Temporal and spatial changes in mechanical properties of an equestrian arena surface before and after six unaffiliated dressage competitions


No authors specified for this article.

We found the mechanical properties of an equestrian surface were significantly different before and after a dressage competition. The implications of this are fortunately for you, dear reader, are short and sweet.


Properties of equestrian surfaces such as hardness, traction and resistance to penetration may change during a competition. A surface itself has a direct impact upon an athlete since it directly affects biomechanics of the horse (Chateau et al., 2009) and are ther efore likely to influence performance and risk of injury.


The mechanical properties of one synthetic equestrian surface were measured before and after dressage competitions over a period of six months.


Measurements were taken using a 2.25kg Clegg Impact Tester to assess hardness and compactability, a traction device (torque wrench with a 30kg base plate) provided a measure for shear resistance and a Longchamp penetrometer quantified resistance to penetration (penetration depth). Repeatability trials were carried out on a prepared, synthetic equestrian surface to inform decisions for final sampling and measurement techniques. The equipment was used to test a 20m x 40m dressage arena, before and after six preliminary, unaffiliated dressage competitions, held between January and June 2009. Thirty two locations were tested within the arena. Temperature data was recorded at each of the competitions. Data were analysed using ANOVA.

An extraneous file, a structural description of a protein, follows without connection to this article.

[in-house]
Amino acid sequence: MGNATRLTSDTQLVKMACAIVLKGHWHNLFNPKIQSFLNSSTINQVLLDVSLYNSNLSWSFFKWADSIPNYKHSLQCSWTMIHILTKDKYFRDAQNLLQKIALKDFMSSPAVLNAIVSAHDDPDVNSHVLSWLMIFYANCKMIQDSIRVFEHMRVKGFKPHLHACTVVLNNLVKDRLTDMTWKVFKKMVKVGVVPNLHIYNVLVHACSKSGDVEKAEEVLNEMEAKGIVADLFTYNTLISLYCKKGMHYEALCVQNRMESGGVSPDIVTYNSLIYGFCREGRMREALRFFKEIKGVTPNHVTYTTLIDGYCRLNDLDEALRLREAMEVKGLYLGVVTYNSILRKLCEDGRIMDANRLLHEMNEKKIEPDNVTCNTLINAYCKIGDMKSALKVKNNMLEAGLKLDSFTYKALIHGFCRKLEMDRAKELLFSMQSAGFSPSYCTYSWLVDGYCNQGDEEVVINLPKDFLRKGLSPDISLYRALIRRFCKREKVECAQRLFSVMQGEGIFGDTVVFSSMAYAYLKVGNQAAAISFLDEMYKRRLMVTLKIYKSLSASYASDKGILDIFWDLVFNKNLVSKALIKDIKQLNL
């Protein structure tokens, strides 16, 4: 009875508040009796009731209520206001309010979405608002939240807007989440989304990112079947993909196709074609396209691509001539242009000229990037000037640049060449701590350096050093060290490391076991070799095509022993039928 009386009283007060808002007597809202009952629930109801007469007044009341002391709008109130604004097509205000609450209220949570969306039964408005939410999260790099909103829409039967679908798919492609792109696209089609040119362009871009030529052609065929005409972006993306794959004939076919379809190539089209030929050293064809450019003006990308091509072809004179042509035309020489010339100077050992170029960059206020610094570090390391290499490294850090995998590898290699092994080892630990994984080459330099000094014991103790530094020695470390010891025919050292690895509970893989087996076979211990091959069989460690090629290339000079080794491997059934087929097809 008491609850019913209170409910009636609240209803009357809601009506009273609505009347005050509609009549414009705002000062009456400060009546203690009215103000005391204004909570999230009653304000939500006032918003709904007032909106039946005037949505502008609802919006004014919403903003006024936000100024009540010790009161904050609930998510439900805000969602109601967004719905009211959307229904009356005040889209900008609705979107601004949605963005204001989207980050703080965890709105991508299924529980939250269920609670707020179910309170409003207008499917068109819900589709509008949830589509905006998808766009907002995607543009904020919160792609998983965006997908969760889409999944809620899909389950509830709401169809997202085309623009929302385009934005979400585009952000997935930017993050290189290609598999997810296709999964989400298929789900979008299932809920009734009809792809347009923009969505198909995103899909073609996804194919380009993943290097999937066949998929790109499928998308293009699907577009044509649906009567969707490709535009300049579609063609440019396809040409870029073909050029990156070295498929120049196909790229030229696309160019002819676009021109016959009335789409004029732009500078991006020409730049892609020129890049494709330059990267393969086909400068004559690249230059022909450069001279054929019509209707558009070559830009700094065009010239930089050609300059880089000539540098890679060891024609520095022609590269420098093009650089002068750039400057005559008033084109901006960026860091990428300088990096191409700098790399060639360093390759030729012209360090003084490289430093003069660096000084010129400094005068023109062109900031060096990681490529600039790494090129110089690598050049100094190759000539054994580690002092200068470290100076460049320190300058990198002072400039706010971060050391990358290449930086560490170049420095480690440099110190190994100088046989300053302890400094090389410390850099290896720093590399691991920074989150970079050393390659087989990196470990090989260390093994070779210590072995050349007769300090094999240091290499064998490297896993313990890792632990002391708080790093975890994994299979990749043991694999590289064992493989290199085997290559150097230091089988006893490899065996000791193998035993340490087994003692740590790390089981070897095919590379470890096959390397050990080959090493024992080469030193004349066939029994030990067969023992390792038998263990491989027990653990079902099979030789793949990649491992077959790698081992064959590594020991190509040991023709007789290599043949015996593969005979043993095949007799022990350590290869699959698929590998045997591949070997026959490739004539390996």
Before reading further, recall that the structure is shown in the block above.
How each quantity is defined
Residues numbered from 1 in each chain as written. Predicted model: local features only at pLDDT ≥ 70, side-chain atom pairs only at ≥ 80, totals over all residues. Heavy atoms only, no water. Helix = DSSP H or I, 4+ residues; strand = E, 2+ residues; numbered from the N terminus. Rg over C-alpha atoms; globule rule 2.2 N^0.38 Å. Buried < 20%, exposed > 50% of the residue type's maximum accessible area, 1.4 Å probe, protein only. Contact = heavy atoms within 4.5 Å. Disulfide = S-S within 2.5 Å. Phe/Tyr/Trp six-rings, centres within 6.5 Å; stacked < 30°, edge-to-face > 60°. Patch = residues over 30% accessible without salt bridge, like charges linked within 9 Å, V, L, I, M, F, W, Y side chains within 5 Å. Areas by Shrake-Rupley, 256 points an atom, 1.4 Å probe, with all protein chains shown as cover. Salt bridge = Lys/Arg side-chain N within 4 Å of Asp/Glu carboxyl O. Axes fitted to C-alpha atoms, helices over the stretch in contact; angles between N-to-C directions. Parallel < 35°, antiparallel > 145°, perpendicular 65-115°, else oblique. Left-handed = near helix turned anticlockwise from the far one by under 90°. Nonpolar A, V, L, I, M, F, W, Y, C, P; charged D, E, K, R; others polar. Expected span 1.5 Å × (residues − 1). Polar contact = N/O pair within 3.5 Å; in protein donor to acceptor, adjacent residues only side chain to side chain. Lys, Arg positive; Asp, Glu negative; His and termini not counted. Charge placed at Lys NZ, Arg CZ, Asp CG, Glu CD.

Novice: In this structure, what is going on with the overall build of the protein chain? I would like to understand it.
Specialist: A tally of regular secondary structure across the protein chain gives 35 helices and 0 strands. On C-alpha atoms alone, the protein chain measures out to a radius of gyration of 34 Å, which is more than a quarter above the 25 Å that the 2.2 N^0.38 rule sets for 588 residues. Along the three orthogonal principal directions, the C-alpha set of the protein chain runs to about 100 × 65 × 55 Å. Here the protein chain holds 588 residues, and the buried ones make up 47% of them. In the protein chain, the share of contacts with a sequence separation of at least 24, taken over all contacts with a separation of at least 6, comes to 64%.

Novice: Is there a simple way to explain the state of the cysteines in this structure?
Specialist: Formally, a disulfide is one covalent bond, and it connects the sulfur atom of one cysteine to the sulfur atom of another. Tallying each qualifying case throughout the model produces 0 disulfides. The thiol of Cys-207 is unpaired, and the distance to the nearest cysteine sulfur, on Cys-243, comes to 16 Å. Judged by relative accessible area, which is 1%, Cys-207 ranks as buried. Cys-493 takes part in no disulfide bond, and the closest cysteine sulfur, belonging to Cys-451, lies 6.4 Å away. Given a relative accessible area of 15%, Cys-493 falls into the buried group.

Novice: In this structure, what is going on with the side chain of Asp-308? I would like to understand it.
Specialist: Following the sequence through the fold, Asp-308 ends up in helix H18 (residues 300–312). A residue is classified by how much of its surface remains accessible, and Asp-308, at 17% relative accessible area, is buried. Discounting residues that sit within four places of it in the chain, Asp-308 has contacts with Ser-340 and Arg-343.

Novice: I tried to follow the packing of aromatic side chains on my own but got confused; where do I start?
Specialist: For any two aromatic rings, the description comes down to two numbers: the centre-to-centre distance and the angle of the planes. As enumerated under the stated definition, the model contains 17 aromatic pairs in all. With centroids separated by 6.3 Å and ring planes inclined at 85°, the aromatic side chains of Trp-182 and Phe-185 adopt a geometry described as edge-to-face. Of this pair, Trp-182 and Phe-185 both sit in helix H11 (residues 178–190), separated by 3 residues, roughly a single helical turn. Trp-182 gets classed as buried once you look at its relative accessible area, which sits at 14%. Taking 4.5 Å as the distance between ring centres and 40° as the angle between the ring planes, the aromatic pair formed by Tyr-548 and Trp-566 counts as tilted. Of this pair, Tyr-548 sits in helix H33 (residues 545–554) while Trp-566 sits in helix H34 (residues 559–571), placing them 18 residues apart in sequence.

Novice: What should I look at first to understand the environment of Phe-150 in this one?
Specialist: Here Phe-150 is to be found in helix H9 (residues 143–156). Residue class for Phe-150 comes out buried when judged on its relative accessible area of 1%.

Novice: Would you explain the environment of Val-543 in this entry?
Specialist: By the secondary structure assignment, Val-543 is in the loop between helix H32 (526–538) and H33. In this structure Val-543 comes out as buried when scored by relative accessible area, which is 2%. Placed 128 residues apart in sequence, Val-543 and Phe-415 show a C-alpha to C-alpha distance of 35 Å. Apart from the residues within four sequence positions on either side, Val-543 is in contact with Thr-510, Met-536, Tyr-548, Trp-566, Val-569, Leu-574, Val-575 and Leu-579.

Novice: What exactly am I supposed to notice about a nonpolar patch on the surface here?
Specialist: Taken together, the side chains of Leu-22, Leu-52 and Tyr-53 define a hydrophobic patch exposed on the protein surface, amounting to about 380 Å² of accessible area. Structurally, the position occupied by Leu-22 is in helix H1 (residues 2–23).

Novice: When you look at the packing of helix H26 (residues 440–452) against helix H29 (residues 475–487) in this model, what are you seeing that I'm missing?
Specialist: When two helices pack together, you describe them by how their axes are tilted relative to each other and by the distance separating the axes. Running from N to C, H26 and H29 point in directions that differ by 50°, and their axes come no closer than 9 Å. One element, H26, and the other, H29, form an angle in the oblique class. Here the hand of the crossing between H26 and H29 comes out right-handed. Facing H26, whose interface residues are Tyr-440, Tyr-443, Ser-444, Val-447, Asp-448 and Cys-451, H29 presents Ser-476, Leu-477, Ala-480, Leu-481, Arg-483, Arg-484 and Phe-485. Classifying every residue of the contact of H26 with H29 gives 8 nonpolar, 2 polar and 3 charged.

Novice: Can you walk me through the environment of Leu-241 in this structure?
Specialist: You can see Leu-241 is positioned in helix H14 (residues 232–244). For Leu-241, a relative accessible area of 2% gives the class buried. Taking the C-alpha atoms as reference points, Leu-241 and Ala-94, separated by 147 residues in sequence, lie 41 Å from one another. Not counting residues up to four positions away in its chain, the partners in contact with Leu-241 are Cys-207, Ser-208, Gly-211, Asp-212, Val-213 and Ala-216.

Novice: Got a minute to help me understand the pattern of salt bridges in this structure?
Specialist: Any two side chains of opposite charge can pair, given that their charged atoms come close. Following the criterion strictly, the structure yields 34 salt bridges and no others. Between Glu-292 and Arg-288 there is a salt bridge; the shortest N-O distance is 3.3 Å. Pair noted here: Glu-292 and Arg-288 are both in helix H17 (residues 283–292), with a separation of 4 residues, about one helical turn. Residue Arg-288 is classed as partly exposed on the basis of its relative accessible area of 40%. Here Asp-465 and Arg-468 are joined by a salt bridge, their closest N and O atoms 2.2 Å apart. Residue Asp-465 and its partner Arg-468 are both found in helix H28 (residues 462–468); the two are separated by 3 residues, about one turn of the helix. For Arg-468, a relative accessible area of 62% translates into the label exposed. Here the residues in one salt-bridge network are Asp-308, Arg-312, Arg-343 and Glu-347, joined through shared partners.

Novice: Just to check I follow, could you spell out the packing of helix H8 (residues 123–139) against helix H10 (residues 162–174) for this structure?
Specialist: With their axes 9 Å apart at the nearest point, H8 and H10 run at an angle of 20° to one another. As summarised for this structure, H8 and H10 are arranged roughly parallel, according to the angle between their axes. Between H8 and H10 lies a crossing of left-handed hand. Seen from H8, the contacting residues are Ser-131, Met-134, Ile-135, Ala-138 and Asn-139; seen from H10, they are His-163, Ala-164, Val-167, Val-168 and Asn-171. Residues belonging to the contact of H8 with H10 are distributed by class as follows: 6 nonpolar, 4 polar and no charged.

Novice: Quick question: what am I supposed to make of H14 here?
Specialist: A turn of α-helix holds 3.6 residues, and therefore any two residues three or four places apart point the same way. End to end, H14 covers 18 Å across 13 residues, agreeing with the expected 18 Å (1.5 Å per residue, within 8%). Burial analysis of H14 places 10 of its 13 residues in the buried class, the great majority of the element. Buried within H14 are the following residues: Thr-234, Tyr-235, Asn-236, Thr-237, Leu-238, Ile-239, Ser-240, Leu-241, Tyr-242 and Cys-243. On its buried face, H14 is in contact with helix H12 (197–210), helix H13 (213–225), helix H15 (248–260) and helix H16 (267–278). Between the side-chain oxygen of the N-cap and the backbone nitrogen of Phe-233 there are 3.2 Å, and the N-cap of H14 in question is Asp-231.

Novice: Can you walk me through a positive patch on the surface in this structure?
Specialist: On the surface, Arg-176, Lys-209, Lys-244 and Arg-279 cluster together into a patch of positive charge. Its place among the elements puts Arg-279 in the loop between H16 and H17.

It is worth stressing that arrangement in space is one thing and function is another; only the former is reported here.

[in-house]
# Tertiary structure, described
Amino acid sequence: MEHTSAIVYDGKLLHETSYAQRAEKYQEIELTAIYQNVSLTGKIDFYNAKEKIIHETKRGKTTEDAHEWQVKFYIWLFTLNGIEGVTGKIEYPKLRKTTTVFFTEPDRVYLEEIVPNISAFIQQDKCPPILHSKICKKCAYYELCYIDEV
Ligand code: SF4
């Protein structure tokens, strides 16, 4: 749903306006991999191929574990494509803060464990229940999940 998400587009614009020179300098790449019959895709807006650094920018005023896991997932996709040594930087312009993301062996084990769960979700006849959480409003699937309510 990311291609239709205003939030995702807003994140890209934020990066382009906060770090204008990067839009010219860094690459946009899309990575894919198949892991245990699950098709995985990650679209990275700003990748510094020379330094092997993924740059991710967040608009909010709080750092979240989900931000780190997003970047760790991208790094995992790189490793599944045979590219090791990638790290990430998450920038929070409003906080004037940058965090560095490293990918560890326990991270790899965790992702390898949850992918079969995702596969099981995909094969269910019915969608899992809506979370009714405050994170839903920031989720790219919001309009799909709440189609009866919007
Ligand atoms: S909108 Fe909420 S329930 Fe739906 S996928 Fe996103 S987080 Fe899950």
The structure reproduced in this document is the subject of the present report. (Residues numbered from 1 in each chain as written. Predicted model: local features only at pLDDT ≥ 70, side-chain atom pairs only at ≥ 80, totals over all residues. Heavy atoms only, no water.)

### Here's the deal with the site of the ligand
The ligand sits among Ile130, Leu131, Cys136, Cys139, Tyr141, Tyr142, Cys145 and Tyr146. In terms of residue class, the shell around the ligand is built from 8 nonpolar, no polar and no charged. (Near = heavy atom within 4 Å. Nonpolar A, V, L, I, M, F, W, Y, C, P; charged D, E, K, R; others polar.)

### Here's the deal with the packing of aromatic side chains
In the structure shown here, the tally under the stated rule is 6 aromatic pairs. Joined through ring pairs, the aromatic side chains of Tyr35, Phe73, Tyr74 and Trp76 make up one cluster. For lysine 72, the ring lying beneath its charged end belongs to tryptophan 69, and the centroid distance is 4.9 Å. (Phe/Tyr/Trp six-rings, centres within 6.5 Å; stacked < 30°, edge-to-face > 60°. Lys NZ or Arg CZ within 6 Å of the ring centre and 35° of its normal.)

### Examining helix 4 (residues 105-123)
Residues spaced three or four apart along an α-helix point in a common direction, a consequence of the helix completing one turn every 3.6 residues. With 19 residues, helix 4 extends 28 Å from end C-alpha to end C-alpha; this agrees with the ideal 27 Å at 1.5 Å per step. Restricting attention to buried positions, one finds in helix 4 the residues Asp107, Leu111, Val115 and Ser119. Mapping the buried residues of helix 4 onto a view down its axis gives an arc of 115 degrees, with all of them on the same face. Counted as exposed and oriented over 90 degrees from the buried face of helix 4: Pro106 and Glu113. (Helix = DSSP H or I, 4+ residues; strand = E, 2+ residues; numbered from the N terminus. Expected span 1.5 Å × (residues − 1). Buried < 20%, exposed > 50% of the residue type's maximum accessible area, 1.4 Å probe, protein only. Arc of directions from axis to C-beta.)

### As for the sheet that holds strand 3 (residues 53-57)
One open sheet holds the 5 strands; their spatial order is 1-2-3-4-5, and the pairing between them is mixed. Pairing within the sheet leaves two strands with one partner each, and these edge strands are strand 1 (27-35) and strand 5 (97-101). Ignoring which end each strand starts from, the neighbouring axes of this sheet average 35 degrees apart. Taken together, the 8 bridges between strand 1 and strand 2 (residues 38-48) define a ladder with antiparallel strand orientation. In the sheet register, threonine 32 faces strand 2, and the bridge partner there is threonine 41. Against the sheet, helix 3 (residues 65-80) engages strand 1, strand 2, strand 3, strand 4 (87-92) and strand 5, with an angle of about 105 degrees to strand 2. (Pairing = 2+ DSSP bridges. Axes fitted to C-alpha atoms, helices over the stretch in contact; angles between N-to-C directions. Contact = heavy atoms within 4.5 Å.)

There were significant temporal changes from January to June 2009; hardness decreased from 80±0.9G to 62±0.8G (P<0.001), traction decreased from 21.5±0.1Nm to 16.9±0.1Nm (P<0.001) and total penetration depth increased from 1.9±0.03cm to 3.6±0.06cm (P<0.001). The hardness of the surface increased after each competition with the exception of May 20th. The hardness of the surface decreased and penetrability increased as temperatures increased (P<0.001) (Figures 1 and 2). General observations suggested that the personnel who prepared the surface had some effect on the results.


Surface hardness was significantly higher after a dressage competition suggesting increased compaction. Further work will help to explain how these results alter biomechanics of the horse. External influences such as daily temperature and surface preparation affected mechanical properties.  The findings suggest that there are a range of factors to consider when preparing a surface in order to minimise surface variability.